Canadian health officials confirmed the first deadly case of H5N1 avian flu in North America, following the death of a person in western Canada after a trip to China in December.
Health Minister Rona Ambrose revealed that the individual was a resident of Alberta who had traveled to Beijing, China. During the press-conference the minister added that the case is “isolated” and the risk to the general population remains low. “This case is not part of the seasonal flu,” she said.
“Avian influenza is not easily transmitted from person to person. It is not the same virus that is currently present in seasonal influenza in Alberta,” said Dr. James Talbot, Alberta’s Chief Medical Officer of Health.
Officials will be contacting everyone who was aboard the same flights with the now deceased individual, but believe that no one is at risk.
Alberta has recorded 10 deaths from the H1N1 influenza during the current flu season.
But, H5N1 rarely infects humans and usually targets domestic poultry in various parts of Asia and the Middle East.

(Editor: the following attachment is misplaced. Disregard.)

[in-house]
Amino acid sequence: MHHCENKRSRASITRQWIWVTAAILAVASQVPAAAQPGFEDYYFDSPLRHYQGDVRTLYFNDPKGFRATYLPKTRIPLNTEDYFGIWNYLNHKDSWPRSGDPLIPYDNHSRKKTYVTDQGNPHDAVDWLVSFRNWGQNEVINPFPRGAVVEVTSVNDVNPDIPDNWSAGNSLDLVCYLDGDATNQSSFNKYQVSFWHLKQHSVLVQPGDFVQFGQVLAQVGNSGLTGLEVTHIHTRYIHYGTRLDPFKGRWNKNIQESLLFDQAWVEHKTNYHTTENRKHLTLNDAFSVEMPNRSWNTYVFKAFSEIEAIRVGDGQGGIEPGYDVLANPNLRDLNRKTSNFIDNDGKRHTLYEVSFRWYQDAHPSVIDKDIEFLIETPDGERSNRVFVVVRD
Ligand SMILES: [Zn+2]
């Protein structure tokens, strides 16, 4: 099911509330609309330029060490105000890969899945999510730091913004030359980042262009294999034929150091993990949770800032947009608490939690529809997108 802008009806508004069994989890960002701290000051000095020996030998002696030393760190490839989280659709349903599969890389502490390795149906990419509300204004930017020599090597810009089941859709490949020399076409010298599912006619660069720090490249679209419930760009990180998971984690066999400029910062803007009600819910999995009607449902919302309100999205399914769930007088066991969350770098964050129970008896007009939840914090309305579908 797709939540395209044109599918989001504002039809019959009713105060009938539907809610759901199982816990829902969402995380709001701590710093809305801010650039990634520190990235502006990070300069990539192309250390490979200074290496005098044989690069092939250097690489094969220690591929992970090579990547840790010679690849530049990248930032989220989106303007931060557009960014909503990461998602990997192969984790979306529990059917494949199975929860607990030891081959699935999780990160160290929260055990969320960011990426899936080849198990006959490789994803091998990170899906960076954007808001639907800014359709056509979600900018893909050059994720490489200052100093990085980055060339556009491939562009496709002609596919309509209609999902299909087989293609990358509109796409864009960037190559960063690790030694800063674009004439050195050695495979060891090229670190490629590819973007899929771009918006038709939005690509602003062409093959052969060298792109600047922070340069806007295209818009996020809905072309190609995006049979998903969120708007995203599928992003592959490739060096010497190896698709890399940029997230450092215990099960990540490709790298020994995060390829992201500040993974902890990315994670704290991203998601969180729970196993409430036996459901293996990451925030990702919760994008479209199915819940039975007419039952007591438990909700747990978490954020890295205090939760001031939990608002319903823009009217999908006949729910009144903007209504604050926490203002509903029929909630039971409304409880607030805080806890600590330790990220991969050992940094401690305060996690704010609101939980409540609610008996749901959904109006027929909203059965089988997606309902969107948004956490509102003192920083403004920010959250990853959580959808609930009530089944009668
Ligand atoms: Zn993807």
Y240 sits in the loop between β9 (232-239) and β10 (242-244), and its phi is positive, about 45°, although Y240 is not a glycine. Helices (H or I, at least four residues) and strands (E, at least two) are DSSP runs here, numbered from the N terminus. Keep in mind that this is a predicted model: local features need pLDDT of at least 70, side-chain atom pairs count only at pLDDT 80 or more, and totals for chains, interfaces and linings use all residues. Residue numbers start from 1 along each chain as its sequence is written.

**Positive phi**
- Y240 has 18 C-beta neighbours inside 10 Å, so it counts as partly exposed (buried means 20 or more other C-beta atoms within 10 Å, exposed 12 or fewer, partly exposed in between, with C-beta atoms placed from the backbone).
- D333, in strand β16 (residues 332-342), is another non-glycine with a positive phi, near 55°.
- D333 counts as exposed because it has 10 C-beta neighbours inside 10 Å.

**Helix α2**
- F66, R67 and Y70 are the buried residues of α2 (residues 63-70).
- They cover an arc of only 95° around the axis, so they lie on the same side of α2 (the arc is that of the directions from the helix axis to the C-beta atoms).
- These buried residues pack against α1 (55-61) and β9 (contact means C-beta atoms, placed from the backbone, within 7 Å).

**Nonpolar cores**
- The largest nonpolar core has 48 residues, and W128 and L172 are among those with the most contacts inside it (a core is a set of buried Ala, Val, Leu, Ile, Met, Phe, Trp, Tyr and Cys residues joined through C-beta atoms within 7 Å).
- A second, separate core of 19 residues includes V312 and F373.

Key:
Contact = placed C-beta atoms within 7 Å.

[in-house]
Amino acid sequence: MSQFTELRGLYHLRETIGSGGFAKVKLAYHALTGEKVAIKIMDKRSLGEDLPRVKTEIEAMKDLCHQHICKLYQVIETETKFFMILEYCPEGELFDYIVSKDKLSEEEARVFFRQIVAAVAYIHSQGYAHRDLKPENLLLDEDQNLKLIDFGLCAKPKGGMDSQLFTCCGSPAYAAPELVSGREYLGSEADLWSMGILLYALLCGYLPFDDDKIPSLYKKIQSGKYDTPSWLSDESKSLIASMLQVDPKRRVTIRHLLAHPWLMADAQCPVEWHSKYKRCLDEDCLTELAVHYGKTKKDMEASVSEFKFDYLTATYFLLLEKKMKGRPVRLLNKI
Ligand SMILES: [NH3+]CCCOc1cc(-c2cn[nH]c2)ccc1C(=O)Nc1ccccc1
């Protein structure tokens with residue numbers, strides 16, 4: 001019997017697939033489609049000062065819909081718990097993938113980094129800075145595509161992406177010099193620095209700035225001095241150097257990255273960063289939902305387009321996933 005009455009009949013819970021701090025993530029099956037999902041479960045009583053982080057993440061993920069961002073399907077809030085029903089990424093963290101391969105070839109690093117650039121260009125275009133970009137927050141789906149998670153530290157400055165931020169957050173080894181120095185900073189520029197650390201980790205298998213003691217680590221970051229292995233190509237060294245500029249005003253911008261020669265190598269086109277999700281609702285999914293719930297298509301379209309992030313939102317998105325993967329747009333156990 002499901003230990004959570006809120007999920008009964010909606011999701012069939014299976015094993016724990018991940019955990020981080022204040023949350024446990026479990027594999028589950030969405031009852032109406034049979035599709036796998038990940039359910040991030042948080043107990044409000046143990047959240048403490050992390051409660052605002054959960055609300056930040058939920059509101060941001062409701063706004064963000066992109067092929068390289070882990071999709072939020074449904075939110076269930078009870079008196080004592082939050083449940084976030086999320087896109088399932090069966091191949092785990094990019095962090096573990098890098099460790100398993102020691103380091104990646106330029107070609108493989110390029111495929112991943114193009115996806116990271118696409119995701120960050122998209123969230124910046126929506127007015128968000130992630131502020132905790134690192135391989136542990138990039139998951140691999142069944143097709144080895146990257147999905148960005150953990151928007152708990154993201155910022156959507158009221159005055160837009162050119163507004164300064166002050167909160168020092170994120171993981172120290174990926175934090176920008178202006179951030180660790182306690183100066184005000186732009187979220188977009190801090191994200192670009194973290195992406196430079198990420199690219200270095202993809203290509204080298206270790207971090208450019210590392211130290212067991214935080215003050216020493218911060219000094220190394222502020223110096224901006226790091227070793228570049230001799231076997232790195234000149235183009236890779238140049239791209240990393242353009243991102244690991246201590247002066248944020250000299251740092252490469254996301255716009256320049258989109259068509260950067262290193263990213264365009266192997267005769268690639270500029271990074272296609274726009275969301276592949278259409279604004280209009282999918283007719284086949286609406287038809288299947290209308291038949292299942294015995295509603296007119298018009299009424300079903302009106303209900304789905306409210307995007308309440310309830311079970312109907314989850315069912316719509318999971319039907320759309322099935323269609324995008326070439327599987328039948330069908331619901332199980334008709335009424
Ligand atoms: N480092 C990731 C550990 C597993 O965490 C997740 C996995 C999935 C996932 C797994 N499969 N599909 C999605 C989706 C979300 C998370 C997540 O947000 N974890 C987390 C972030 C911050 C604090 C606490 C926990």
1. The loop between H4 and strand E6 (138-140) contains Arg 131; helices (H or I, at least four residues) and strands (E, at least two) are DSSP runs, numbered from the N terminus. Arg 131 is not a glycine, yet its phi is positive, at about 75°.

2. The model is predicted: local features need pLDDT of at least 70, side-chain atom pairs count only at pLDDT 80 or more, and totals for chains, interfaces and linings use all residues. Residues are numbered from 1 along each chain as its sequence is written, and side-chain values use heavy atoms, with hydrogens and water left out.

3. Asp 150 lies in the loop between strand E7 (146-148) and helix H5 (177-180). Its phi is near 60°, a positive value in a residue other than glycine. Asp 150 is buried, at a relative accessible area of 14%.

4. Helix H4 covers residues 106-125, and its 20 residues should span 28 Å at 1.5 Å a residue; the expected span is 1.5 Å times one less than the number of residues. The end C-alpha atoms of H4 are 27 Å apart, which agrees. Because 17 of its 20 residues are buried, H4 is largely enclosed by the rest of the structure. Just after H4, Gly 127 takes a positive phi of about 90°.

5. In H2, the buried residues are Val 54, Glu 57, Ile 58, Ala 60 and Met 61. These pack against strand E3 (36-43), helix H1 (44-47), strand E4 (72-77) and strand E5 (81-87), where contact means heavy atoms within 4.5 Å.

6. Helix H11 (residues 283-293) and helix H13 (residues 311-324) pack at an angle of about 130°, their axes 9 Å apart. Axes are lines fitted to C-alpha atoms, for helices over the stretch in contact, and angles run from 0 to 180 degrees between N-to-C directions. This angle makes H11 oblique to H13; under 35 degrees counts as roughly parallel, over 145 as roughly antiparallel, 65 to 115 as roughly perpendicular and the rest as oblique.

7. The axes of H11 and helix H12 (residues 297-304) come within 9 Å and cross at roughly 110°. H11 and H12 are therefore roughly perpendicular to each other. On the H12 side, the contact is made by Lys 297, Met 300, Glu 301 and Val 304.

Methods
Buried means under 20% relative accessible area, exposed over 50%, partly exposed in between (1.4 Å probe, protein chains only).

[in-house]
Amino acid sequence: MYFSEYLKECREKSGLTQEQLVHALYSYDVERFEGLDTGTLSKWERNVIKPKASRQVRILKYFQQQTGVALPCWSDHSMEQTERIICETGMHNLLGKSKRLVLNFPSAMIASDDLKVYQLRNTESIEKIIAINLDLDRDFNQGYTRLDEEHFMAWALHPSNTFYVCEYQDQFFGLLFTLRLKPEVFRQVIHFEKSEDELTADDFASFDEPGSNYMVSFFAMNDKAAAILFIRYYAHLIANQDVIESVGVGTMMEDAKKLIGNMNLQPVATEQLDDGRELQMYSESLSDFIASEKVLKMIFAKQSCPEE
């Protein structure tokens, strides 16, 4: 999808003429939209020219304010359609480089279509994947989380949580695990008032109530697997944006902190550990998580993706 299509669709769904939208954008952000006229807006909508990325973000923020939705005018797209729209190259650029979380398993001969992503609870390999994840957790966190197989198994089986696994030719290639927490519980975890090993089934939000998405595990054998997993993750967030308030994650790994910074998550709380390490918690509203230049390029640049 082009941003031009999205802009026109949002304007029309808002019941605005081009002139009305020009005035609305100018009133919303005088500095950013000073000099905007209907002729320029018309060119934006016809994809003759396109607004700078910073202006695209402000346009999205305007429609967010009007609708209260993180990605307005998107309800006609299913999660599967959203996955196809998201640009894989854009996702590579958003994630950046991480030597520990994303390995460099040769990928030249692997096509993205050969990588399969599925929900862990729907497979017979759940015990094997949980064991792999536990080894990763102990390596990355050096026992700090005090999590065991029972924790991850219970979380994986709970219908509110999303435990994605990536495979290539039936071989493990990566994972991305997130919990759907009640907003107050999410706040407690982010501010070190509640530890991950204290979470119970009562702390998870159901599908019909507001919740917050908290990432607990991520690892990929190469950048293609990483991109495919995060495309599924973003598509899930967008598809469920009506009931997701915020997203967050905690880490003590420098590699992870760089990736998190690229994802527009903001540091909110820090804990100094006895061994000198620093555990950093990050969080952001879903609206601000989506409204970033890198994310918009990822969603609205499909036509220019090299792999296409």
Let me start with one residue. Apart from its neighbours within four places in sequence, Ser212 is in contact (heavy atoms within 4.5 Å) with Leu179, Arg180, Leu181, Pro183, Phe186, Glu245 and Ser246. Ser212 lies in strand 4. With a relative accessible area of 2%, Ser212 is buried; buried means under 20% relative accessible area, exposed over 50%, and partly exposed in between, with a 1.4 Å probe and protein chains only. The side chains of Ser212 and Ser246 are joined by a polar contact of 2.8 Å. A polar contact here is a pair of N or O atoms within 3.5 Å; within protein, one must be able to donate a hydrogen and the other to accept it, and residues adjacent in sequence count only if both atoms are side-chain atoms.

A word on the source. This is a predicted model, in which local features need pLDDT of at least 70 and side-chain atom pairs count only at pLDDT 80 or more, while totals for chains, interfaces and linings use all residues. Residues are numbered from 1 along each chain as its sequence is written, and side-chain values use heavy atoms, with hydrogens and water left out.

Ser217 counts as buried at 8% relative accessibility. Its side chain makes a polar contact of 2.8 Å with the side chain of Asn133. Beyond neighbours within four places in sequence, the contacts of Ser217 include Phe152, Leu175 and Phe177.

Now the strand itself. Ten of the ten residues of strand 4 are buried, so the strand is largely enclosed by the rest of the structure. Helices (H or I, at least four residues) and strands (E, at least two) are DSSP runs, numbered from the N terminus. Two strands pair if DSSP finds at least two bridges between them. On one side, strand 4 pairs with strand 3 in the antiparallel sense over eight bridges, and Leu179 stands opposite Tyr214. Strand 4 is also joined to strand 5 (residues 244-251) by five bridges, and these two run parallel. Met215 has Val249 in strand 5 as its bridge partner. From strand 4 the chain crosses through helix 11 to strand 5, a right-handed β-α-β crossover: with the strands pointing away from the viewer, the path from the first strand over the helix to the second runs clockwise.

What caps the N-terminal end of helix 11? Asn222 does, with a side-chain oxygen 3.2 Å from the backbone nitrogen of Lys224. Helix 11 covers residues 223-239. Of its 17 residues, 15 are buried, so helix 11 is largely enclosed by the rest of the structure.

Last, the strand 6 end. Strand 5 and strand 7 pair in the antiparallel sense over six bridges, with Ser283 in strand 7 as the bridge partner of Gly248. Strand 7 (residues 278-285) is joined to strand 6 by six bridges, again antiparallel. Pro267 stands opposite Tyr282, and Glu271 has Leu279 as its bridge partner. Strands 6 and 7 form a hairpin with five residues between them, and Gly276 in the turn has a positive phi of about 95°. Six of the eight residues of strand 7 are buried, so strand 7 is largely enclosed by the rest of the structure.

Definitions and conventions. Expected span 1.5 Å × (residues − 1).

Health officials highlight that the flu does not spread between humans. When people do get infected, their lower respiratory tract is targeted, which can lead to deadly pneumonia.
So far, there had been 38 human cases reported in 2013, which led to 24 deaths.
- Taxpayer funded Canadian state TV releases "whites must extinct" propaganda rap song
- Obama Lauds Fidel Castro Gets Media Praise, Trump Called by Taiwan Gets Slammed
- Trump Ignores Chinese Communist Threats, Re-establishes Ties with Taiwan
- Ford Cancels Factory Move to Mexico, Apple to Make iPhones in USA Thanks to Trump
- China Loaded 700 Million Android Devices with Spyware